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Miles Lambert's Uhree Chances.




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DAY'S work in the

Purbeck quarries generally divides itself into two very distinct portionsthat done underground and

that done above. The morning is passed by the men down in the dismal caves and galleries of the quarries, where they hew and blast the blocks of stone out of the solid rock. These blocks are pushed and rolled, or, where the ground is even enough,

wheeled on little trucks, to the mouth of the quarry, and then hauled up the slippery, paved incline into the daylight by means of a chain and windlass, turned by a patient donkey. The afternoons are spent in one of the group of sheds gathered round the mouth of the quarry, in chiselling into some sort of shape the blocks of stone which it had been the morning's work to hew out from the rock below.

Miles Lambert had reached this pleasanter stage of his day's work one afternoon, about a fortnight after the storm I told you about in the last chapter. He was chipping away at a large oblong block of the Langton freestone in one of the sheds of Collins's quarry, where he worked, when a shadow fell across the sunny ground outside, and Raymond Layne made his

appearance. “I wanted to see you, Lambert,” he said, “and I thought I might walk down to the farm with you. Isn't it almost your time for leaving off work ?"

“Nigh upon it, sir. When the shadow of the windlass touches the wall of the shed yonder it'll be five o'clock, and I can go.”

Raymond leant against the wall and eyed the shadow of the windlass impatiently. At last it had crept across the space, and began to lay a black finger on the wall opposite. “Now, Lambert,” he cried, “your time is


at last! Put away your tools, and let us be off.”

Miles put his chisel and mallet into his basket, slung it over his shoulder, and followed Raymond from the quarry.

“I got a letter from my father yesterday,” said young Layne, “and do you know, Lambert, I am to start for London to-morrow.

To-morrow? Oh, Master Raymond, I thought you were going to be here weeks and weeks longer!"

Miles had been looking sad before, but his face fell now more than ever. “So did I, but I suppose my father finds he can't

I get on without me. When I first came I did not think I could stay a week in this outlandish place, and now I wish I were going to be here ever so much longer.”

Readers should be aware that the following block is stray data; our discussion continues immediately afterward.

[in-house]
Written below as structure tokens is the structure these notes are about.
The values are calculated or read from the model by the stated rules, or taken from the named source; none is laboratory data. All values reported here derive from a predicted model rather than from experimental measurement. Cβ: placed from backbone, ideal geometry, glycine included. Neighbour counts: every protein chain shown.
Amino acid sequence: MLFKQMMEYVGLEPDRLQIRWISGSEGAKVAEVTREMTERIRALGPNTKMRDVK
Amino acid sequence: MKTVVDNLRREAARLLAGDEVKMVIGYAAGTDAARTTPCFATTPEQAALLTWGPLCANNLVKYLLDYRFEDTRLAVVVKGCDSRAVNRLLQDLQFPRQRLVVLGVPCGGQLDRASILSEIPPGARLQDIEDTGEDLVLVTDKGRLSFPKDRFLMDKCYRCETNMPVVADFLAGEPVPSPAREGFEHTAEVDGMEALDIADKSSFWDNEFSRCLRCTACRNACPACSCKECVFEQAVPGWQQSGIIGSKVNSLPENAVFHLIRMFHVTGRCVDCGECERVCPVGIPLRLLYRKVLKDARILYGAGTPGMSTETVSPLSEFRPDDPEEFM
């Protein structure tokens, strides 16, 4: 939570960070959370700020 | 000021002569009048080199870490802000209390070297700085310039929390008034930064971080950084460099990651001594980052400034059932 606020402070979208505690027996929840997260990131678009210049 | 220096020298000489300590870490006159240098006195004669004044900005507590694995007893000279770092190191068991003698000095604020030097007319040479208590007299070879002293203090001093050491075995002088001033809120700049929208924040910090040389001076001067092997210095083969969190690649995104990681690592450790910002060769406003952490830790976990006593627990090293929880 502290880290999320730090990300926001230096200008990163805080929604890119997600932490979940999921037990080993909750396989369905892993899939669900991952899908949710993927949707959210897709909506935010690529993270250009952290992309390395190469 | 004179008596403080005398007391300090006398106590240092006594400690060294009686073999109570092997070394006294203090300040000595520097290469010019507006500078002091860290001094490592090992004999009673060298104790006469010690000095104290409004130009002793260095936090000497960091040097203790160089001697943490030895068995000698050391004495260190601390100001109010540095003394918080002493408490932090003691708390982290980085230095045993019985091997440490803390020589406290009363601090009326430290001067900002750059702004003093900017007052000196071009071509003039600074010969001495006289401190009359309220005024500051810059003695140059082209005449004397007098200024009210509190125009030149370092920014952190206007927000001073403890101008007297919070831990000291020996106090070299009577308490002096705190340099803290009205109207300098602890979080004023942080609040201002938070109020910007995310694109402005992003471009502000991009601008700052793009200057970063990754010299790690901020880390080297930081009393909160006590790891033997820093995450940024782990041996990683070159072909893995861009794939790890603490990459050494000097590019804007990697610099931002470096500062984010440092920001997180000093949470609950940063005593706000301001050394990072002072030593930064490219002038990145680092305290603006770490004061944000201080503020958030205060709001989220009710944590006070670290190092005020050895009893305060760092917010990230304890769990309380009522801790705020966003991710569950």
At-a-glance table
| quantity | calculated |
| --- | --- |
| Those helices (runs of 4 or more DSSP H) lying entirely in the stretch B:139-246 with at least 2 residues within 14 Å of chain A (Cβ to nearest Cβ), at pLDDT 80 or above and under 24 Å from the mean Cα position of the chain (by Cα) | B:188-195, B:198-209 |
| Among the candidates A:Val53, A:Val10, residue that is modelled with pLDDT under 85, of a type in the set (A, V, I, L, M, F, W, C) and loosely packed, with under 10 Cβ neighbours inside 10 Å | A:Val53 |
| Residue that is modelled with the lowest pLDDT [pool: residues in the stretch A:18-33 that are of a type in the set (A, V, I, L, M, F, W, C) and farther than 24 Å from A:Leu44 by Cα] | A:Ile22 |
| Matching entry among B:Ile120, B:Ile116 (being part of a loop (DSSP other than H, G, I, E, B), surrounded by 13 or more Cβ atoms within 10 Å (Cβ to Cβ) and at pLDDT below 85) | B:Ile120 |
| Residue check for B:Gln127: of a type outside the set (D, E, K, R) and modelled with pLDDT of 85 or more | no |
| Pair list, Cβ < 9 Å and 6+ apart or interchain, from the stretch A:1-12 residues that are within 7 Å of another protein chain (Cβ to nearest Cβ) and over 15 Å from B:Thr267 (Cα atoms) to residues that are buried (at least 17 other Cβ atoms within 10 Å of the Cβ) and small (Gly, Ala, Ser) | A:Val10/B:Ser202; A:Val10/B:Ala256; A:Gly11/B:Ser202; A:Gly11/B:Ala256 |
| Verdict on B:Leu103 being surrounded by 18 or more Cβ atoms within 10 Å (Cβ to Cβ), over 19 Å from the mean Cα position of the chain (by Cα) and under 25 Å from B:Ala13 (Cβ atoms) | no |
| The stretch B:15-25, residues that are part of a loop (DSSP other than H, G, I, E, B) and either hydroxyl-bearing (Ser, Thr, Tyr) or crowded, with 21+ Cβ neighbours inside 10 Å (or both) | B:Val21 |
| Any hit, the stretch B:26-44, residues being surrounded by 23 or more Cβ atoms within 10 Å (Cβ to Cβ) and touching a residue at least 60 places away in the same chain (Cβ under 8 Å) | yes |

“ You have only been here just over a month," said Miles, dolefully; "and I am sure you are not anything like strong yet, sir—just think how tired you were after our climb up the Head.”

“Oh, I am as strong as I am likely to be, I believe," answered Raymond, gravely; for, though bright and vigorous now compared to what he was when he first came, his looks were still a great contrast to his sunburnt and sturdy companion's.

“ Will Stevens, who has been to London, says the sun never shines there, and it passes him how anybody can live in such a smoky place. You'd best stay with us, sir!”

Oh, it isn't so bad as all that in London. Of course it's dark and foggy sometimes, but then there's so much going on! I can tell you, Miles, it's a grand thing only to stand in the streets and watch the stream of life going by. You see more people there in five minutes than you ever saw in your whole life, I'll be bound. Should not you like to see it all ?”

“Oh, shouldn't I !” cried Miles, whose eyes had kindled, as they always did, when Raymond spoke to him of the wonders of the great city. where's the good of talking about it? I shall never see London !”

“Oh, I don't know -" began his friend, eagerly; then broke off as if afraid of saying too much. “ London's the only place where you can really learn to be an artist, you know, Lambert.” (There were no Schools of Design then in the large towns as there are now.)

“ Yes—I know,” said the other, with a sigh.

“ Well,” went on Raymond, “I am more sorry to leave you than anybody or anything else in these parts.

You have shown me all sorts of things which I never knew before, and I should have found this place uncommonly dull but for


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"I am sure you have helped me ever so much more with my drawing, Master Raymond, and there's all the pencils and paper you've given me too. No one has ever helped me before, and I don't know how to thank you enough."

“Oh, nonsense!” said young Layne, gruffly. He found thanking easier work than being thanked.